In amyotrophic lateral sclerosis (ALS), cerebral degeneration is typically more pronounced in the motor cortex compared with the prefrontal cortex, according to research published in Neurology: Clinical Practice.

Researchers used single-voxel, proton, magnetic resonance spectroscopy (MRS) to examine cerebral degeneration and neurochemistry in patients with ALS. Participants included 65 individuals with ALS, and 43 age matched healthy controls recruited form multiple ALS clinics. The clinical and neuroimaging protocol was standardized across all sites and investigators evaluated left and right finger and foot taping rates as indicators of upper motor neuron function. Disability was assessed using the ALS Functional Rating Scale-Revised; cognitive function was also evaluated.

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Researchers found that in the motor cortex, total N-acetyl aspartyl moieties (tNAA)/creatinine, tNAA/choline, and tNAA/myo-inositol ratios were reduced by 9% to 12% to in the ALS group compared with control patients (P <.001, P <.001, and P =.002, respectively). No significant group differences for myo-inositol/creatinine and myo-inositol/choline ratios were found between the ALS and control groups. Further, investigators found tNAA/creatinine and tNAA/choline were reduced by 5% and 6% in the prefrontal cortex in the ALS group; this approached but did not reach statistical significance.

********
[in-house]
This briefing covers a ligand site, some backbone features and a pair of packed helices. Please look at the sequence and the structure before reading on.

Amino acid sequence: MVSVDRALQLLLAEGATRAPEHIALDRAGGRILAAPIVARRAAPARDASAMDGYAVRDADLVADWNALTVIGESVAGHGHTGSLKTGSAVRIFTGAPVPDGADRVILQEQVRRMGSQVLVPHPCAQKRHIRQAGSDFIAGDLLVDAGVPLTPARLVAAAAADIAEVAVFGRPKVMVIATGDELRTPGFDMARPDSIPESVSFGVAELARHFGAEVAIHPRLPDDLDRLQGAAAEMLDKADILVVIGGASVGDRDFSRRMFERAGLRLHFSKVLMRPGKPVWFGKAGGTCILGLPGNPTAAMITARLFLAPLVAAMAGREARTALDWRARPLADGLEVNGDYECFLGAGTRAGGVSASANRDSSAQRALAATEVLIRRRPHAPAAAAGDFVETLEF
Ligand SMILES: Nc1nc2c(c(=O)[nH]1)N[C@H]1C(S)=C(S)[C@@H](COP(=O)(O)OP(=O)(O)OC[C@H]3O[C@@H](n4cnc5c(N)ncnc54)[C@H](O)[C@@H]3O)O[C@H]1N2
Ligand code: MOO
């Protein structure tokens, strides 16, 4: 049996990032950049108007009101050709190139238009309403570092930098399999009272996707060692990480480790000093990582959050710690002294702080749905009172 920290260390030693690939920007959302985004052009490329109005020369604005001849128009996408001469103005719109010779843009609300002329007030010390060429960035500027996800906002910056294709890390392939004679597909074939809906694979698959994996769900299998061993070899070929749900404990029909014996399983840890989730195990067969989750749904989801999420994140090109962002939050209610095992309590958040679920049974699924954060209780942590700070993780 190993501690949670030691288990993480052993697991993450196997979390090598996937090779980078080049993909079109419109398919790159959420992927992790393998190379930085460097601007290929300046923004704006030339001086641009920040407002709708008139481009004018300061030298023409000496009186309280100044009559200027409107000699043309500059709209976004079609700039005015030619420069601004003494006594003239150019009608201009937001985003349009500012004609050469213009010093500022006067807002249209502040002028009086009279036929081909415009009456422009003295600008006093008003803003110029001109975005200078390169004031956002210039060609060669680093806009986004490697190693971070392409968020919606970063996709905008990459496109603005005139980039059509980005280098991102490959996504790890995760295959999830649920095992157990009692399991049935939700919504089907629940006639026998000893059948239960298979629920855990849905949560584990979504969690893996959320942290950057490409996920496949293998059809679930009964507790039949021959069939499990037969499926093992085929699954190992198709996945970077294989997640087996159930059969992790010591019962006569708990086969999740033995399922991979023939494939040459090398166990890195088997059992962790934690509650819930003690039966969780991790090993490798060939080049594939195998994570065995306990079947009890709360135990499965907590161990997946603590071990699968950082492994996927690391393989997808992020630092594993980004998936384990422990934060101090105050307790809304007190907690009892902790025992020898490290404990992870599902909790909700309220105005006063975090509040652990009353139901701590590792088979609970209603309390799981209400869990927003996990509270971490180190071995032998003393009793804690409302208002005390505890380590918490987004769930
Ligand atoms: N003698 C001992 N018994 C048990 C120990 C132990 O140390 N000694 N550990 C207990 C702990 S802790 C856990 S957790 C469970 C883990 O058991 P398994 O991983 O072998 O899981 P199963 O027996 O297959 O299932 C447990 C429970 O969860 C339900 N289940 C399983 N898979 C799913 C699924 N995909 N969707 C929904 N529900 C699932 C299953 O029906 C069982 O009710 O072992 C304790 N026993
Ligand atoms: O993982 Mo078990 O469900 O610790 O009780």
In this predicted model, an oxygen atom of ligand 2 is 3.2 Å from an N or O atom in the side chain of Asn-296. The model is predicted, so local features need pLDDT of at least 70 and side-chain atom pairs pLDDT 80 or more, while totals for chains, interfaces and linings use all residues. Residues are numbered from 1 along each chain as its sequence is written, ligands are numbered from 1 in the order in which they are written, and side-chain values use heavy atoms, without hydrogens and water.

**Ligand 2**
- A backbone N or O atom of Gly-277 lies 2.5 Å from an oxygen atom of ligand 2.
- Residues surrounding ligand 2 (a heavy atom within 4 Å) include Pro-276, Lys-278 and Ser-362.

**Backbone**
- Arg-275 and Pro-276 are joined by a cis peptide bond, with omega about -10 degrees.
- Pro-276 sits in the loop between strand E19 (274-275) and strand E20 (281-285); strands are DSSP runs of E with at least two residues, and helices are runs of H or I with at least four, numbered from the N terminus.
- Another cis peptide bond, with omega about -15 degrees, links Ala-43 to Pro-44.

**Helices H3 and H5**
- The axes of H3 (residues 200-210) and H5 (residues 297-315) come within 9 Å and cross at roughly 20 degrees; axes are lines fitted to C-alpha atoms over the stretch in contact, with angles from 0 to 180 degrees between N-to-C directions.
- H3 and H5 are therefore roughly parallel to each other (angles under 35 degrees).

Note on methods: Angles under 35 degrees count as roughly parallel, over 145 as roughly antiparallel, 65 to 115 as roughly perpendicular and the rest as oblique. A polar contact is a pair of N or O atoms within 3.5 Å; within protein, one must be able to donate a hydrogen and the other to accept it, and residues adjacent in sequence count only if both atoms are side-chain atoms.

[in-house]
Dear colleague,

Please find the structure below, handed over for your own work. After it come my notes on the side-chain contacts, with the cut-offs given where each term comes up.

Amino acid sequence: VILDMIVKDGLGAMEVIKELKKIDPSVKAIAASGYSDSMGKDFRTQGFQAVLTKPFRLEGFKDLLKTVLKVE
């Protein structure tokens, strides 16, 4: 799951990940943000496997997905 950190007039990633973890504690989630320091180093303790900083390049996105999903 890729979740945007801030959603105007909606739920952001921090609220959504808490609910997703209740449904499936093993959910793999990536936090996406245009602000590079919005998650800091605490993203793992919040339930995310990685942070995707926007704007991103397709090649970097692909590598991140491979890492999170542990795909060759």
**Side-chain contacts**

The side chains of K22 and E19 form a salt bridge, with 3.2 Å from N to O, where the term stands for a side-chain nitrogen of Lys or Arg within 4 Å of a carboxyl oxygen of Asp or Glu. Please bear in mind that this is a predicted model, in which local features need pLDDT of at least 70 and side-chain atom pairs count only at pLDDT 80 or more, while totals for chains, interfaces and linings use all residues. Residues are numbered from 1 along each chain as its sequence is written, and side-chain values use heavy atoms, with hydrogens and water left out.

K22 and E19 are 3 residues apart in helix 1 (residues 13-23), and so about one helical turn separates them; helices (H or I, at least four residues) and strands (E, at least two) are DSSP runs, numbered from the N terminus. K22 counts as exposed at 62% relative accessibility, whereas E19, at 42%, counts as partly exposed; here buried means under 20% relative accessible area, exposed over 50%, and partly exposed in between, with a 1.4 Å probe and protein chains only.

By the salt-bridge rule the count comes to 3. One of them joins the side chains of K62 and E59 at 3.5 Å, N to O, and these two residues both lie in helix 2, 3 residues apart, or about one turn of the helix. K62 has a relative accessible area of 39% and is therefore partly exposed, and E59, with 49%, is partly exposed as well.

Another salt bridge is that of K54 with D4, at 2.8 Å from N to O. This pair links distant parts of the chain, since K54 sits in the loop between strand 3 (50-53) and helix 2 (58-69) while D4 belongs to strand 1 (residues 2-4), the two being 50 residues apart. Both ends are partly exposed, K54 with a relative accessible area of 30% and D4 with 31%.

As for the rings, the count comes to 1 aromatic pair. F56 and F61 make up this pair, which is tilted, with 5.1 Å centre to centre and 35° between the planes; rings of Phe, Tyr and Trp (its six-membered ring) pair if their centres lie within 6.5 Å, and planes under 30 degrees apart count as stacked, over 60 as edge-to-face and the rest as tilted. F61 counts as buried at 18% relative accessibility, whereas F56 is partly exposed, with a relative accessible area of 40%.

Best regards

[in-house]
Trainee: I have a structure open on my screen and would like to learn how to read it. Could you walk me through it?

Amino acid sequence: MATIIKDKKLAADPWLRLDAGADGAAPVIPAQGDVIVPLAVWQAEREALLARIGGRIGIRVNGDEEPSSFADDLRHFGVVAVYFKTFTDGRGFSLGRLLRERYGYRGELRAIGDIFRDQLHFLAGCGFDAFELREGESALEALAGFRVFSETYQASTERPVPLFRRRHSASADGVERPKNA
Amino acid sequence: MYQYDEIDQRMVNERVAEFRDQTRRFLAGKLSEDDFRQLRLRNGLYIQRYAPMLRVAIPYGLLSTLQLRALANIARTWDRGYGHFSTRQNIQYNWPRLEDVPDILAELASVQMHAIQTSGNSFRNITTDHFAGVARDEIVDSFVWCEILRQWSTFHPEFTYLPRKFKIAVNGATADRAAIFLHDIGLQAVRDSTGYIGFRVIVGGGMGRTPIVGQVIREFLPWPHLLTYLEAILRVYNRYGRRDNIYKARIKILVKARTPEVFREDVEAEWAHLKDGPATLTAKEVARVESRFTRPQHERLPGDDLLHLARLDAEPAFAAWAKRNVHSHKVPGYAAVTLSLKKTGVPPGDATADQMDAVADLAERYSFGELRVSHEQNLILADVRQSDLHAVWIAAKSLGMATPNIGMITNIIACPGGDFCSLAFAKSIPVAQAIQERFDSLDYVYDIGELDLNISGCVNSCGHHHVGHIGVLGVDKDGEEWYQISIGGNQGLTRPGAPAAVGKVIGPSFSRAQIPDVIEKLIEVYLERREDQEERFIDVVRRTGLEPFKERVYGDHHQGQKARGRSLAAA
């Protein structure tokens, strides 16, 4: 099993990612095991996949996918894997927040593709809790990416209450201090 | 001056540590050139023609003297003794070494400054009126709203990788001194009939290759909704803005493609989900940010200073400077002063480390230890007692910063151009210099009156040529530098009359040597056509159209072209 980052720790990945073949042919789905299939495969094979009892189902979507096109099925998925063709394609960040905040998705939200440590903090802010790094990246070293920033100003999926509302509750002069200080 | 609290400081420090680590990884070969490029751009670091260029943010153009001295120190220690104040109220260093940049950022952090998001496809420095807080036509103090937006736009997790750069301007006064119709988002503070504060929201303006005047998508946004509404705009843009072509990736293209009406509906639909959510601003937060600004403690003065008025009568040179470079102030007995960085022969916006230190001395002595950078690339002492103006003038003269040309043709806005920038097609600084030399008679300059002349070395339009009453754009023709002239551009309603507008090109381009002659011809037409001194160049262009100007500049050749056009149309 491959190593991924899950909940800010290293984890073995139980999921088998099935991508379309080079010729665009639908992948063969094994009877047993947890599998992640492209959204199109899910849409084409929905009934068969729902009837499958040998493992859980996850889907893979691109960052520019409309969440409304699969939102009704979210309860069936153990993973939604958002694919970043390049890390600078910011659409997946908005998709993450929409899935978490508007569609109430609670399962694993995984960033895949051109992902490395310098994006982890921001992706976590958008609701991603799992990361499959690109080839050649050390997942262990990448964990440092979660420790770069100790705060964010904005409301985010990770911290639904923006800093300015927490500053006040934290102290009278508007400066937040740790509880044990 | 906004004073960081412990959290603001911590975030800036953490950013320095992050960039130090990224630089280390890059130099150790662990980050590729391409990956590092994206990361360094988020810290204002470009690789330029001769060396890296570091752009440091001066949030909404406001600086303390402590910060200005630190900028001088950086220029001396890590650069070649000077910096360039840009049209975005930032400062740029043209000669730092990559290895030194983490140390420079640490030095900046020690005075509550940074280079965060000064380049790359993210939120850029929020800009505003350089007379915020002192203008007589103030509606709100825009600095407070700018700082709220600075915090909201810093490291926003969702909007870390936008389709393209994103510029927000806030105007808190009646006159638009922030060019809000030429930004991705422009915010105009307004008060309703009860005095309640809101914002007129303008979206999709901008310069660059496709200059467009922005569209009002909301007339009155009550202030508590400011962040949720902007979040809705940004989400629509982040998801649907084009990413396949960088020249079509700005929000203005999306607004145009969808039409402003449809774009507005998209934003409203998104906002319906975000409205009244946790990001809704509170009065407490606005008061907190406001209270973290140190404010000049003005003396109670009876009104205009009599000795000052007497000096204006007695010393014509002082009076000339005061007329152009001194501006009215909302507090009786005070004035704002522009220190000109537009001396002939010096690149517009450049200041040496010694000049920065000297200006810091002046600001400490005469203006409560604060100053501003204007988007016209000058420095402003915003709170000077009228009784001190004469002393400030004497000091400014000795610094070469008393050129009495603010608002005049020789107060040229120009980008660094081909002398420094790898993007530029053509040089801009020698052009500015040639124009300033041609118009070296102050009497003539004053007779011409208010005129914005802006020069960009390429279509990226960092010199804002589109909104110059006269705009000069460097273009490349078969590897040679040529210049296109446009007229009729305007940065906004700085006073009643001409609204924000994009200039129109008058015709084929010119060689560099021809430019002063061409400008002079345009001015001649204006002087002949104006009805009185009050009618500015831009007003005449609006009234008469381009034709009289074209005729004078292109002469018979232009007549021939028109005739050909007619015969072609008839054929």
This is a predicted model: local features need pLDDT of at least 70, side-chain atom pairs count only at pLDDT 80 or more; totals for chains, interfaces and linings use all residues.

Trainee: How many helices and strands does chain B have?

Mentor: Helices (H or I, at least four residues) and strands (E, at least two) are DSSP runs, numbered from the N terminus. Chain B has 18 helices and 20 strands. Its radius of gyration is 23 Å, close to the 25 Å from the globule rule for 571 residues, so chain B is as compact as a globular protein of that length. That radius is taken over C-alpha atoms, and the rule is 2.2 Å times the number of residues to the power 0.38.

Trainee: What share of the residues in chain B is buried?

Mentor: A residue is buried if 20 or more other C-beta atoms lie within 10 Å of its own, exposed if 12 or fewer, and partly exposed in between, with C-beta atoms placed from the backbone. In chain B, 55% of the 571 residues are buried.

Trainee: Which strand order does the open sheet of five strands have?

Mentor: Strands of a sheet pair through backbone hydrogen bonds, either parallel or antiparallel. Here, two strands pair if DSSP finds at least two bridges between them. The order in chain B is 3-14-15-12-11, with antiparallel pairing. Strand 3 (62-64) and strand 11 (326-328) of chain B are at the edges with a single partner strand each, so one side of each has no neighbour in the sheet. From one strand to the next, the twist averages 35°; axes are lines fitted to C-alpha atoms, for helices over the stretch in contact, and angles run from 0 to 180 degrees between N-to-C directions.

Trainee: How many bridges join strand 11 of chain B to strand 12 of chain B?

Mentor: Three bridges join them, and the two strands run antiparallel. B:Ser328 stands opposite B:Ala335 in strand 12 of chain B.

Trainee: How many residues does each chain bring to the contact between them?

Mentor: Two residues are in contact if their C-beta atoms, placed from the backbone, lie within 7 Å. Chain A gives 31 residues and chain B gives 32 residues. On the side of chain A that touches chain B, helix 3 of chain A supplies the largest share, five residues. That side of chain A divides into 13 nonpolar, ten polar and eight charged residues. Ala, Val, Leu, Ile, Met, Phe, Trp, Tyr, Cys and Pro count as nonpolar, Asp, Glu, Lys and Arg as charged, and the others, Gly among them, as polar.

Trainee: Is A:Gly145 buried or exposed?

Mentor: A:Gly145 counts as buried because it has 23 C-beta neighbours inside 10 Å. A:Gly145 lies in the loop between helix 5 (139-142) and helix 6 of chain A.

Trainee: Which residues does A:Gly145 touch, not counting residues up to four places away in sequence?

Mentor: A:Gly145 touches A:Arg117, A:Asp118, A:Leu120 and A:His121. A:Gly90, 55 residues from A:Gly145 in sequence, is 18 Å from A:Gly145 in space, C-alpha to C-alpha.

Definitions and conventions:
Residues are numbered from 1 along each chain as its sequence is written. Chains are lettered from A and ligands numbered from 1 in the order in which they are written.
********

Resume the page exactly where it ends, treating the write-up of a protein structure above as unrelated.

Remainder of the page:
In the ALS group, a lower motor tNAA ratios was associated with a reduced foot tapping rate, while lower motor tNAA/myo-inositol was linked to reduced finger tapping rate. Elevated rate of disease progression was associated with lower motor tNAA/choline. A decrease in prefrontal tNAA/creatinine ration was associated with reduced verbal fluence, semantic fluency, and forward and backward digit span. No correlation between ALS Functional Rating Scale-Revised and symptom duration was noted.

Study limitations include the heterogeneity of the ALS population. Researchers suggest that future studies include disease controls, including progressive muscular atrophy, primary lateral sclerosis, and relevant neuropathies.

The Researchers concluded that, “tNAA ratios in the motor region were lower in ALS, indicative of impaired neuronal integrity in the motor cortex and subadjacent white matter. These findings parallel those of previous single-center MRS studies demonstrating abnormal metabolites in this same region.” They went on to add that “[t]his study demonstrates in vivo that cerebral degeneration in ALS is most profound in the motor cortex and less so in the mesial prefrontal cortex, that tNAA/[myo-inositol] ratio remains a promising biomarker of degeneration and one that requires further evaluation.”

Reference

Srivastava O, Hanstock C, Chenji S, et al. Cerebral degeneration in amyotrophic lateral sclerosis. A prospective multicenter magnetic resonance spectroscopy study [published online June 5, 2019]. Neurol Clin Pract. doi: 10.1212/CPJ.000000000000674